Although some legislators were troubled by aspects of the Finding, and “there was a significant amount of high-level discussion” about it, according to the source familiar with it, the funding for the escalation was approved. In other words, some members of the Democratic leadership—Congress has been under Democratic control since the 2006 elections—were willing, in secret, to go along with the Administration in expanding covert activities directed at Iran, while the Party’s presumptive candidate for President, Barack Obama, has said that he favors direct talks and diplomacy.
US funds terror groups to sow chaos in Iran
By William Lowther in Washington DC and Colin Freeman
Published: 12:01AM GMT 25 Feb 2007
America is secretly funding militant ethnic separatist groups in Iran in an attempt to pile pressure on the Islamic regime to give up its nuclear programme.
In a move that reflects Washington's growing concern with the failure of diplomatic initiatives, CIA officials are understood to be helping opposition militias among the numerous ethnic minority groups clustered in Iran's border regions.
The operations are controversial because they involve dealing with movements that resort to terrorist methods in pursuit of their grievances against the Iranian regime.
In the past year there has been a wave of unrest in ethnic minority border areas of Iran, with bombing and assassination campaigns against soldiers and government officials.
Such incidents have been carried out by the Kurds in the west, the Azeris in the north-west, the Ahwazi Arabs in the south-west, and the Baluchis in the south-east. Non-Persians make up nearly 40 per cent of Iran's 69 million population, with around 16 million Azeris, seven million Kurds, five million Ahwazis and one million Baluchis. Most Baluchis live over the border in Pakistan.
Funding for their separatist causes comes directly from the CIA's classified budget but is now "no great secret", according to one former high-ranking CIA official in Washington who spoke anonymously to The Sunday Telegraph.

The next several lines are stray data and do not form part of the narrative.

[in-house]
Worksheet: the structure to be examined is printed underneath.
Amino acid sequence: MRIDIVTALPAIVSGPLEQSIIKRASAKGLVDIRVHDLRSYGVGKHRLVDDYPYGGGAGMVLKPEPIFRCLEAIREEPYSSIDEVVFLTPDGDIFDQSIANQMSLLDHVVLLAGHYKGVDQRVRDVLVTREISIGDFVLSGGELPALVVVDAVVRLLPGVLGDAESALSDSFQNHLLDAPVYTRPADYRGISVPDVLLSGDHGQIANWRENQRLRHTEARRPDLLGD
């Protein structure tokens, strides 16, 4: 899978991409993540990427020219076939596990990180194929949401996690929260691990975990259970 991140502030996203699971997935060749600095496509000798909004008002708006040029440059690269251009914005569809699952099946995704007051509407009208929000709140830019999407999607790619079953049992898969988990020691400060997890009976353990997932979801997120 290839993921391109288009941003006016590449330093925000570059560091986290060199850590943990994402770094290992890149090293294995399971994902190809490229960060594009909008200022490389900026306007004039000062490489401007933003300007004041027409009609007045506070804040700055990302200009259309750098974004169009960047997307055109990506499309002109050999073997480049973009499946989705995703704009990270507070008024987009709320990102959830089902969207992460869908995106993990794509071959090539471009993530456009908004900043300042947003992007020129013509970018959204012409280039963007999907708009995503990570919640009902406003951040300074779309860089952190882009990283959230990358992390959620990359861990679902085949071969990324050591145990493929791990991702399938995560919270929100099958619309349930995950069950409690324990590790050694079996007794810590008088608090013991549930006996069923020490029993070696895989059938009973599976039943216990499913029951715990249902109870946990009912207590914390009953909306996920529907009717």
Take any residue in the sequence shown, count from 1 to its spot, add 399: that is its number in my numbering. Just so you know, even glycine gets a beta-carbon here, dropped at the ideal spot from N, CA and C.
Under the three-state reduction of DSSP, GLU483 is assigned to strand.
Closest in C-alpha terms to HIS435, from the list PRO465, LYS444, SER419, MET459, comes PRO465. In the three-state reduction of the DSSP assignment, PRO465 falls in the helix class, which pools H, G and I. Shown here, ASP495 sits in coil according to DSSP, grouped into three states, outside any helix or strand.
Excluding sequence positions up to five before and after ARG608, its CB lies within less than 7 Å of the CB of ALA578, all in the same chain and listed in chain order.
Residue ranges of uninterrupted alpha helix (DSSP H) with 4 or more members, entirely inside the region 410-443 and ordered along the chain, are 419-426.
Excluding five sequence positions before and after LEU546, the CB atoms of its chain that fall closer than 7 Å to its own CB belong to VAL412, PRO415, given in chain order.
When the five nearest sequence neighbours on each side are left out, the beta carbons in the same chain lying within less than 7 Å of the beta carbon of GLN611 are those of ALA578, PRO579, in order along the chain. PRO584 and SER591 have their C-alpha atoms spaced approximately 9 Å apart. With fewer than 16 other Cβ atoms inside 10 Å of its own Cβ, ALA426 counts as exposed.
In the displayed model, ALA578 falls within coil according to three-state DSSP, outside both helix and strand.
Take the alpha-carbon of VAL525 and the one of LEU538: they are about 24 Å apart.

His claims were backed by Fred Burton, a former US state department counter-terrorism agent, who said: "The latest attacks inside Iran fall in line with US efforts to supply and train Iran's ethnic minorities to destabilise the Iranian regime."
Although Washington officially denies involvement in such activity, Teheran has long claimed to detect the hand of both America and Britain in attacks by guerrilla groups on its internal security forces.
Reporting from Beirut and Tehran —
An Islamic militant group whose leader was recently executed by Iranian authorities claimed responsibility for a pair of late Thursday bomb blasts that killed at least 27 people, including members of the Revolutionary Guard, at a mosque in southeastern Iran.
Jundollah, a militant group that draws support from Iran's ethnic Baluch minority, said it dispatched two suicide bombers to the mosque during an evening prayer ceremony in the city of Zahedan in order to kill members of the Revolutionary Guard and avenge the arrest and hanging last month of their leader, Abdolmalek Rigi.
Iranian officials contend that Jundollah is backed by the United States, citing televised confessions the group's late leader Rigi made during his detention. On Friday, Iranian lawmaker Esmail Kowsari blamed the U.S., Britain and Israel for Thursday's terrorist attack.